Letter and parcel bombs generally are “victim activated” meaning that a victim or intended target must activate the device by opening it. They do not normally contain timing devices.
Bombs can range from the size of a cigarette package to a large parcel. Letter and package bombs have been disguised as letters, books, candy, and figurines. Delivery methods have included mail systems, personal delivery, or placement at the recipient’s site.
A letter or parcel bomb might have some of the following indicators:
❑Suspicious origin—especially if the postmark or name of sender is unusual, unknown, or no further address is given.
❑ Excessive or inadequate postage.
❑ Off-balance or lopsided letter or package.
❑Unusual weight for the size of the letter or package. Letters also may be unusually thick.
❑Stiffness or springiness of contents. (When checking, do not bend excessively.)
❑Protruding wires or components; unusual grease or oil stains on the envelope.
❑Strange smell, particularly almond or other suspicious odors.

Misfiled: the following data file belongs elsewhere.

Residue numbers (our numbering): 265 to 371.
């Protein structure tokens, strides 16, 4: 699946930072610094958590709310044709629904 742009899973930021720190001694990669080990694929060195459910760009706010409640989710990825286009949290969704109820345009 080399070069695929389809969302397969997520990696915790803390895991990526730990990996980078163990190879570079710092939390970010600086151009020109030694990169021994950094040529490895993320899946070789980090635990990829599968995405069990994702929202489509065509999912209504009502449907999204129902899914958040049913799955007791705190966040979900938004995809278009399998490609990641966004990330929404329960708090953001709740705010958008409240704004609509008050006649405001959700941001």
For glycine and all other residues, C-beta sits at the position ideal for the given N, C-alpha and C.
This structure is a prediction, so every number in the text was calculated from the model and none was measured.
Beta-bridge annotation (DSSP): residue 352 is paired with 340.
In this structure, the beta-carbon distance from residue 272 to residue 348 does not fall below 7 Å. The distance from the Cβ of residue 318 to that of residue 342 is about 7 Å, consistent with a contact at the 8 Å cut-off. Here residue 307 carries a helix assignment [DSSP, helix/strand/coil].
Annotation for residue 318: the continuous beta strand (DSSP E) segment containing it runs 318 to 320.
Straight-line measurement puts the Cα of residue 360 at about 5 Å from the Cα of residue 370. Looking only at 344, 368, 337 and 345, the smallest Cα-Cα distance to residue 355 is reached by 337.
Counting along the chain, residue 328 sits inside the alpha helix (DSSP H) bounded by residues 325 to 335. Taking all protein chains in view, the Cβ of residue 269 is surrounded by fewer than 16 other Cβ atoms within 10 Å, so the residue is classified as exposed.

❑Handwriting of sender is not familiar or indicates a foreign style not normally received by recipient.
❑ Common words or names are misspelled.
❑ Rub on or block lettering.
❑Restrictive markings such as “confidential” or “personal” or an honorific title appended to the name of the addressee.
❑Small hole in the envelope or package wrapping that could be a provision for an arming/safety wire.
❑Rattling inside the envelope or package— possibly loose components of a device.
If you identify a letter or package as suspicious, don’t let anyone near it. Notify your RSO or PSO immediately, and leave the letter or package in an open area, such as a courtyard, where it is easily accessible to bomb squad personnel. Never submerge it in water.